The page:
There's all the humours and roller coaster pacing of Devil in Amber (still my favourite) and in an especially nice touch as Box and Delilha run after someone Box remarks on their hips clicking like "knitting needles!"
There are hints of missing stories, the best of which is a zombie Captain Scott attacking from his ship the Terra Nova.

Whether there will be more chronogically seems unlikely, Box has gone from the turn of the century to the Coronation of our Queen but we can live in hope of gaps being filled in or new adventures with the next generation.
If you enjoy spy or detective stories with humour and if you have enjoyed Mark's writing elsewhere, then give these tales a go. It doesn't matter too much the order you read them in, they're self-contained enough to enjoy in any direction.
Well done Mr. Gatiss, I wait for Terra Nova or Son of Box!
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2.0 out of 5 stars A decent pulp novel that never reaches the genre bending excellence of its predecessors..., 1 Aug. 2012
Like many reviewers of this book, I find myself conflicted over the latest adventure of Lucifer Box.

It's always a pleasure to spend time with the mischievous artist-come-spy and the delicious pulp settings in which he finds himself. Many of the regular facets of the earlier novel are present in `Black Butterfly' as Lucifer investigates a series of apparently unrelated deaths amongst Britain's ruling class. Every name is a pun, every character and situation a smart parody of genre tropes and Box trots through all of this with glimpses of the wit and immorality that characterised his earlier outings.

Unfortunately, where the novel departs from the established conventions of the series, it works less well. Box is now an old man on the verge of retirement and no longer the greatest seducer in Christendom. He is beaten down, creaking and harbouring doubts about his own abilities. If `The Devil in Amber' was a Victorian James Bond romp, this almost feels like a George Smiley outing. Fittingly, therefore, Box at the end of his career is `Joshua Reynolds', station chief of the blackest of secret services, the Royal Academy. This eminence seems to weight him down as arthritic limbs slow him and possible paramours impolitely deflect his advances.

Once, this was a character driven more by his libido than his duty; without that roguish streak throughout, the central protagonist just seems less irresistible. It also means that without the thrill of seeing Lucifer at work, structural problems with the novel become more apparent. In two-hundred pages, there is insufficient room to develop a really engaging plot, which feels very linear, and the sense of threat is minimal as the villain remains insubstantial until the last fifth.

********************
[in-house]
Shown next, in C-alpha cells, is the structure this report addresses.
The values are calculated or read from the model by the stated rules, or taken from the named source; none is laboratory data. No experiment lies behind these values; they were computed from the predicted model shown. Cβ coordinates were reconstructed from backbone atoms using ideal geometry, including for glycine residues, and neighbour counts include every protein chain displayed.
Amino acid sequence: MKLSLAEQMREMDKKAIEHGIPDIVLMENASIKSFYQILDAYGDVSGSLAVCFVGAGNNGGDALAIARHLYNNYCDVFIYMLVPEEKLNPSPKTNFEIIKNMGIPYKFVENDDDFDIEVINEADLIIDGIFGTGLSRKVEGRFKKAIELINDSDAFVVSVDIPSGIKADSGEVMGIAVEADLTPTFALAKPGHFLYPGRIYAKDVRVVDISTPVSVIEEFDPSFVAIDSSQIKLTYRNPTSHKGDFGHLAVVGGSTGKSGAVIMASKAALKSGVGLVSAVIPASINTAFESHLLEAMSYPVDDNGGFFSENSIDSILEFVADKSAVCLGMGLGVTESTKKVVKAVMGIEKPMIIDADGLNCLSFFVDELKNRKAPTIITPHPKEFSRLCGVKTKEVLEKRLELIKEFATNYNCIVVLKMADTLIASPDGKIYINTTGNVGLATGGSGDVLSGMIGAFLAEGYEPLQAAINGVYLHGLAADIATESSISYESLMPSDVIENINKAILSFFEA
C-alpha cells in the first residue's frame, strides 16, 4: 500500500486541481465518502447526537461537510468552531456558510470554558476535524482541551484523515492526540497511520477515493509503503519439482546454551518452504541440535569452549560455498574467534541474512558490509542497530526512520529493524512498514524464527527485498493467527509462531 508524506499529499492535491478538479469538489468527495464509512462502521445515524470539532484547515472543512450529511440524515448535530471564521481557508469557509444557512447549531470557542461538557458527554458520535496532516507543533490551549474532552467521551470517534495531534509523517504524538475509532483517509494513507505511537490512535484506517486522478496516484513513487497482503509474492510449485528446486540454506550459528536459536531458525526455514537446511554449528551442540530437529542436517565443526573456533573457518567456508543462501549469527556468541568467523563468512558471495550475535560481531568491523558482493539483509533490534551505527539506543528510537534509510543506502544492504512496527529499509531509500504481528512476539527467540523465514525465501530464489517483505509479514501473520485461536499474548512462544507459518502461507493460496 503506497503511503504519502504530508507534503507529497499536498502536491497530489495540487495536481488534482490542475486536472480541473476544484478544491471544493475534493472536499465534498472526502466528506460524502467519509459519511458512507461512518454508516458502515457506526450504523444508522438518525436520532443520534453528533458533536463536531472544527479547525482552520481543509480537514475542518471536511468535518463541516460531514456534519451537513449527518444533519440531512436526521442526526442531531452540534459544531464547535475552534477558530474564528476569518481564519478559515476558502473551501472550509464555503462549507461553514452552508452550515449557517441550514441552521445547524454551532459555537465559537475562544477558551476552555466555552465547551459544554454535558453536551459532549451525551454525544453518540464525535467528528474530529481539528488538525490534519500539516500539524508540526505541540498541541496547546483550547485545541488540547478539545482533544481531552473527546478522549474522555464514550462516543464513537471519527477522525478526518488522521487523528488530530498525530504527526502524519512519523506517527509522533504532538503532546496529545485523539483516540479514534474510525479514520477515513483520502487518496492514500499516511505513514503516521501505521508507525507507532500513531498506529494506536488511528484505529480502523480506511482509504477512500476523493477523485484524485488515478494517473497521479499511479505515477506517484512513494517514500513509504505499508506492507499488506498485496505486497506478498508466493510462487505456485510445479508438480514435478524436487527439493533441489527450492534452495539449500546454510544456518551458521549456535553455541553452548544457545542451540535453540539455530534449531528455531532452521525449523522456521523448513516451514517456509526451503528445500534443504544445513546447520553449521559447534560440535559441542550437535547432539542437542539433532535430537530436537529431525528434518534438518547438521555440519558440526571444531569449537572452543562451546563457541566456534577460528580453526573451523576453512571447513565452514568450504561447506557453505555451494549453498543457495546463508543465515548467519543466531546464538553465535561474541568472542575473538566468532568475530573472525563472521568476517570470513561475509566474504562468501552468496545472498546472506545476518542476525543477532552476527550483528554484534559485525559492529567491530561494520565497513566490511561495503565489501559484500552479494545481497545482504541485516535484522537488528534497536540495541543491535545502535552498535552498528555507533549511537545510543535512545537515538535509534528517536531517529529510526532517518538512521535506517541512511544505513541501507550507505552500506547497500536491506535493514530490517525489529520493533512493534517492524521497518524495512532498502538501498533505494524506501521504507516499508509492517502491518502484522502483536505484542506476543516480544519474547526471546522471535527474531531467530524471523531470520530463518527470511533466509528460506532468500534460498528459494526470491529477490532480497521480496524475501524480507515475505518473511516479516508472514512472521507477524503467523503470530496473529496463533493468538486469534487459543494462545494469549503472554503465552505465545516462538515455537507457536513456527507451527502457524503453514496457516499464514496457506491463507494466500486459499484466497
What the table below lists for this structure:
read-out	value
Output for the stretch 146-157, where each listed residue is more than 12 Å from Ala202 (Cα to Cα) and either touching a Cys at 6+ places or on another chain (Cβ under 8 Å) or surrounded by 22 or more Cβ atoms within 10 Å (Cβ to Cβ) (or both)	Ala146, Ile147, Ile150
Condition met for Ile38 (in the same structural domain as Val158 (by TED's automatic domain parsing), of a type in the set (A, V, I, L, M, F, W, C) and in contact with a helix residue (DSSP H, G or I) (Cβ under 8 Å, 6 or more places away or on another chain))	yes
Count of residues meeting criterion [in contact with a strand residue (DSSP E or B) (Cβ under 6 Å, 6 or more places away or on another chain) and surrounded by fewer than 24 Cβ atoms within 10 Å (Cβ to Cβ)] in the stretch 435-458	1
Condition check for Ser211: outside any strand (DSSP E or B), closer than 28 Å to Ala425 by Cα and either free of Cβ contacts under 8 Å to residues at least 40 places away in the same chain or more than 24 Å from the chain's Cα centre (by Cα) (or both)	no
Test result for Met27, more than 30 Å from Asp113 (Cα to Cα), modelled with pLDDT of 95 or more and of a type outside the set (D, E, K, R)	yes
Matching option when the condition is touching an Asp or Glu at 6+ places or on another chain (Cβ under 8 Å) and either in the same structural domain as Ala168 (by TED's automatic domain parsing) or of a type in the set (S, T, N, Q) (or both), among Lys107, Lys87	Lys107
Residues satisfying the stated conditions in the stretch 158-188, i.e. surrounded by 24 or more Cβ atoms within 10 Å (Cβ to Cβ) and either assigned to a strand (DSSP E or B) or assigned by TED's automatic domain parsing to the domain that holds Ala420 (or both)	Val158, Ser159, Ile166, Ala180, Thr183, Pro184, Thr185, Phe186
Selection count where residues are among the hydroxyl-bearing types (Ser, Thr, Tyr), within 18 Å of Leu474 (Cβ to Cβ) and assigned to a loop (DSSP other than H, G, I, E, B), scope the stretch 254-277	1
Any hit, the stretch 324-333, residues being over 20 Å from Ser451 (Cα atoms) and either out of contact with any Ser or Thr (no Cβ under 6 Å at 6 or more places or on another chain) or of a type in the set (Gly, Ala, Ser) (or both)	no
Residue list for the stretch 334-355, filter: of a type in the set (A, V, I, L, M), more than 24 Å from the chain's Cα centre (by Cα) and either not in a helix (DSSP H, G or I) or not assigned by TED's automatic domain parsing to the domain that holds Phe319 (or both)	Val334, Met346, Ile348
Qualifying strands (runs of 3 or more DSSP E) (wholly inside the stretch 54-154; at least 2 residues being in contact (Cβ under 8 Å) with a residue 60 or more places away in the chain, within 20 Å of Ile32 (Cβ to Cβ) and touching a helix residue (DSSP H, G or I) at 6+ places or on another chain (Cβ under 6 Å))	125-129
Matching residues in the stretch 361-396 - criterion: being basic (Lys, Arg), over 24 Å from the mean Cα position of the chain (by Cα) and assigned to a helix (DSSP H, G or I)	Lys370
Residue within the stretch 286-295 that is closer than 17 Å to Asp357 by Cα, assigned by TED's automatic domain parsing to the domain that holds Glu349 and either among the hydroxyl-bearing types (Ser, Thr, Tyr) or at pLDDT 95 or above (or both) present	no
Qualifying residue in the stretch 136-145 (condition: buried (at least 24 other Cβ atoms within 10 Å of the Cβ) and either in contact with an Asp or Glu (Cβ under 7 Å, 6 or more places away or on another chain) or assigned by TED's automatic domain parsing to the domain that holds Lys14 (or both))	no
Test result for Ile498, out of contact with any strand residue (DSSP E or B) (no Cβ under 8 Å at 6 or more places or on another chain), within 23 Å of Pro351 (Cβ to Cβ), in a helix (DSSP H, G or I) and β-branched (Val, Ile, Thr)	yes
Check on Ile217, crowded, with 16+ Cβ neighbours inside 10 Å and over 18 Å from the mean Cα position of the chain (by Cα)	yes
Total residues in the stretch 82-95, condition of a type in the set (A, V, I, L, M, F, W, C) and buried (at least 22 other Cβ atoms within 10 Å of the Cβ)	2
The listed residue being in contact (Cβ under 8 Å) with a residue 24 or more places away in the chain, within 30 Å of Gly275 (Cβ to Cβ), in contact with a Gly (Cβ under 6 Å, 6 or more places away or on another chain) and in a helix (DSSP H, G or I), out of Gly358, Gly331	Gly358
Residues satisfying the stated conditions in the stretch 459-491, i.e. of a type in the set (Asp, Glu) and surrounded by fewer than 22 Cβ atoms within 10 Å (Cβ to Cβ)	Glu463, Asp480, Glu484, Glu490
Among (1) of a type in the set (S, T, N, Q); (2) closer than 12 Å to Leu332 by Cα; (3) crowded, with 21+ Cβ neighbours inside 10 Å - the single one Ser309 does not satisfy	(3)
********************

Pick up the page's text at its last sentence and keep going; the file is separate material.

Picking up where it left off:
I respect Mr Gatiss for trying to keep the series fresh and push the possibilities of his character beyond a simple rinse and repeat formula. For me, however, much of the appeal of Lucifer Box was his louche, devil-may-care amorality. Once this is compromised, the whole story held less appeal and the plot alone is not enough to keep my interest - fortunately, the novel is remarkably short so doesn't stay around long enough to become boring.

I'm not sure it's entirely the author's fault. The pulp spy genre in general works best when riffing on themes time and time again and I'm not sure it can cope with a novelist trying to push it beyond its limitations.

There's still much to like here -the language is often lovely, sexy and funny- but it just seems slight compared to previous entries and Box himself less inimitable. I don't see how the series can really continue from here; having said that, if ever the story of the zombie Captain Scott is told, then I'll be back!
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3.0 out of 5 stars Bond? Lucifer Bond?, 2 Feb. 2009
By 
M. A. Smith "smartysmiffy" (Ilford, UK) - See all my reviews
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Having thoroughly enjoying the two previous Lucifer Box books, when I realised there was a third, I had to read it. And, although I enjoyed it, I felt it didn't hit the heights of the previous novels. I can't really put my finger on why. I thought it may be because of some particularly clumsy, obvious, word play. At some point there is mention of Box's adventures fighting 'Victoria Wine and her sidekick Oddbins.' This sort of thing jars and feels a little out of place with some other writing. However, Mark Gatiss always seems to redeem himself from this. Half a page after this 'word play' (?) he uses the words 'unnecessarily ginger' to describe a vicar. I love this about the writing - two words to describe a character and you can picture them clearly.

Other reviews here mention the book's similarity to James Bond stories and while I concede that the globe trotting nature of the story mirrors some of James Bond's adventures - the zippy pace of the book also being similar to Ian Fleming's pace - I didn't really get the idea that this was a homage to James Bond. Maybe because the characters of Box and Bond are so different that no matter how similar to the Bond novels this book is the characters are poles apart.

I love reading about Lucifer Box and like other reviewers here, would love more adventures to fill in the missing years between the novels.
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4.0 out of 5 stars Lucifer Box growing old disgracefully, 14 Aug. 2012
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This review is from: Black Butterfly: A Lucifer Box Novel (Lucifer Box 3) (Paperback)